On Tuesday, the Supreme Court handed down a decision that had far-reaching consequences – consequences that were missed entirely by the mainstream media. In Kansas v. Garcia, the Court held by a 5-4 vote that federal law did not prevent Kansas from criminally prosecuting illegal aliens for identity theft.
The Kansas law had been used to prosecute three illegal aliens who had stolen the social security numbers of other people. The five conservative justices voted to overturn a decision by the liberal-dominated Kansas Supreme Court.
For decades, the ACLU and other liberal attorneys have been pushing the theory that any time Congress passes a law in an area, any state law in the same area that can somehow be imagined to differ with the purposes of Congress is pre-empted and invalid. Using the phrase “purposes and objectives of Congress” pre-emption, they invite activist judges to muse about policy and to strike down state laws that contrast with the unstated policy objectives of Congress. Never mind that the purpose of a law is often unstated. And the 535 members of Congress may have 535 different reasons for their votes.
Although the Supremacy Clause of the Constitution makes clear that Congress can expressly declare that certain state laws are invalid, the notion that state laws can be invalidated without any express action by Congress is on weaker constitutional footing. It invites judges to do the pre-empting on behalf of Congress.
In the past seventy years, dozens of state laws have been swept away in this manner, without any clear statement from Congress. This has given constitutionalists and conservatives pause. As Justice Clarence Thomas has explained, the Founding Fathers certainly never intended that federal judges could take it upon themselves to speculate about what the purposes of Congress were, and then strike down state laws that are in tension with those purposes. According to Thomas, this theory “impermissibly rests on judicial guesswork about broad federal policy objectives.”
The ACLU has used this theory with particular enthusiasm in trying to prevent cities and states from assisting the federal government in immigration enforcement. As an attorney representing those cities and states, I have argued against them in many federal courts.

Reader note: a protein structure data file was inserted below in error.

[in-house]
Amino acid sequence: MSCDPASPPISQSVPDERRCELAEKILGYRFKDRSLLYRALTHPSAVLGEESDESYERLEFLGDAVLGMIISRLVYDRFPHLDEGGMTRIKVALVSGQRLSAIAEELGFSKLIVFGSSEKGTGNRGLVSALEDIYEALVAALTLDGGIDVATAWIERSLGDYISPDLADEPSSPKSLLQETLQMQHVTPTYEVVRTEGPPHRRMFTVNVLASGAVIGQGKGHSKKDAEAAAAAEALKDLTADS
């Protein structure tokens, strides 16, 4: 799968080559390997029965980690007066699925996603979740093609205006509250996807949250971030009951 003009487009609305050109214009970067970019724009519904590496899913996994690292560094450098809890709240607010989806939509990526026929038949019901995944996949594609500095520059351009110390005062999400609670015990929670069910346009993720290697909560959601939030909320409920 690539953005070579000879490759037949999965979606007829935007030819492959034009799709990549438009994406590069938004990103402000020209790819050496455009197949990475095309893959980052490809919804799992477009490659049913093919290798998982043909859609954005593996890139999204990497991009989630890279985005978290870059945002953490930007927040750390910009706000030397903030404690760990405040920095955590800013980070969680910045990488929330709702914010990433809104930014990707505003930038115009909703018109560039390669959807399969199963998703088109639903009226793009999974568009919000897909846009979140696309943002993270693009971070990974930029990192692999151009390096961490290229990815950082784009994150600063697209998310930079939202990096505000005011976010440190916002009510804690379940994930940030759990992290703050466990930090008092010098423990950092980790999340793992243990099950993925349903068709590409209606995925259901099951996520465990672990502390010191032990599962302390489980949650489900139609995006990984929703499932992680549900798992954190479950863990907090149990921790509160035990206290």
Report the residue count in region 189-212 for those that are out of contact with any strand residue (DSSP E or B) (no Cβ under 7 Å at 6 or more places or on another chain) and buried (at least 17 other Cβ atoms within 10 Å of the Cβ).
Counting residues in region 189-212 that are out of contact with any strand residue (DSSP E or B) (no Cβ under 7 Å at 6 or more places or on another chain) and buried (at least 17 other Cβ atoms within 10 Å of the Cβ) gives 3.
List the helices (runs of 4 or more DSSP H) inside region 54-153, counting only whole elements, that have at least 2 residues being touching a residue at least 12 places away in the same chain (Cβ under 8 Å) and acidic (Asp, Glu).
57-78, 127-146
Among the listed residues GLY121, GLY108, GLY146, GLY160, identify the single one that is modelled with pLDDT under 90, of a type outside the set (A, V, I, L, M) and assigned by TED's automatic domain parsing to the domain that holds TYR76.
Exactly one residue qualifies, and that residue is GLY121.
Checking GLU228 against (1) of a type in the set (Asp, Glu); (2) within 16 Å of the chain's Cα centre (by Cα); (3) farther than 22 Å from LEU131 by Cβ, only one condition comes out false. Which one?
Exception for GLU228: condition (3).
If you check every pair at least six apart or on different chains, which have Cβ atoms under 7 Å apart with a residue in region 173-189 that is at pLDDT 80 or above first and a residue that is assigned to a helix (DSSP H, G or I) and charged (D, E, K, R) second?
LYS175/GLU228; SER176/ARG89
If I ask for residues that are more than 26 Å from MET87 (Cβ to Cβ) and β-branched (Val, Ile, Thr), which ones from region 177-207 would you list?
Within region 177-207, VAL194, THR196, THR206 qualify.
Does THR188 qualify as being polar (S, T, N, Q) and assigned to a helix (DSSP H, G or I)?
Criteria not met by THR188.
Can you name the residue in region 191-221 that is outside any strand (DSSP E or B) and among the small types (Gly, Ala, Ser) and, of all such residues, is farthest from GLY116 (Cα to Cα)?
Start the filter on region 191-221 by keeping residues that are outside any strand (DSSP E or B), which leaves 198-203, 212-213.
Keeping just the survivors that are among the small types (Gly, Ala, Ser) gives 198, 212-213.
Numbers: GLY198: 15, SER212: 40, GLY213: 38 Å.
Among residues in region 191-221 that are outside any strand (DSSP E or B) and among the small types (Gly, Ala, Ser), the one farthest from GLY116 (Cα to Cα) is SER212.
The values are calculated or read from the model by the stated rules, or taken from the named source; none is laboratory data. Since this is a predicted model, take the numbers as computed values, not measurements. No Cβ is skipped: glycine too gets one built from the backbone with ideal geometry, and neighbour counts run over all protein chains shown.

The liberal claim is that whenever there is an overlap between state and federal law affecting illegal aliens, and the purposes of the state legislature and Congress might have been somewhat different, the state law is invalid. In Kansas v. Garcia, liberal attorneys argued that federal immigration law overlaps with state laws against identity theft, and therefore such state laws must be invalid.
Writing for the majority, Justice Alito rejected this argument emphatically:
“The mere fact that state laws like the Kansas provisions at issue overlap to some degree with federal criminal provisions does not even begin to make a case for conflict preemption. From the beginning of our country, criminal law enforcement has been primarily a responsibility of the States, and that remains true today. In recent times, the reach of federal criminal law has expanded, and there are now many instances in which a prosecution for a particular course of conduct could be brought by either federal or state prosecutors. Our federal system would be turned upside down if we were to hold that federal criminal law preempts state law whenever they overlap, and there is no basis for inferring that federal criminal statutes preempt state laws whenever they overlap.”
These words will be quoted many times in the future by lawyers defending the validity of state laws. Not just in the identity theft and immigration fields, but in all areas. Challenged state laws will stand a much greater chance of surviving judicial review.
The Court stopped short of rejecting “purposes and objectives” pre-emption in its entirety. But Justices Thomas and Gorsuch wrote a separate concurring opinion arguing that the theory should be abandoned. Hopefully, more justices will join them in future cases.
Regardless the majority holding will have nationwide consequences in the immigration field for years to come. States can, and should, take steps to discourage illegal immigration. Tuesday’s decision will make it harder for liberal attorneys and judges to stop them.
Kris W. Kobach served as the Secretary of State of Kansas during 2011-2019. He was a professor of constitutional law at UMKC Law School during 1996-2011. An expert in immigration law and policy, he coauthored the Arizona SB-1070 immigration law and represented in federal court the 10 ICE agents who sued to stop Obama’s 2012 DACA executive amnesty. He is currently a candidate for the U.S. Senate. His website is www.kriskobach.com.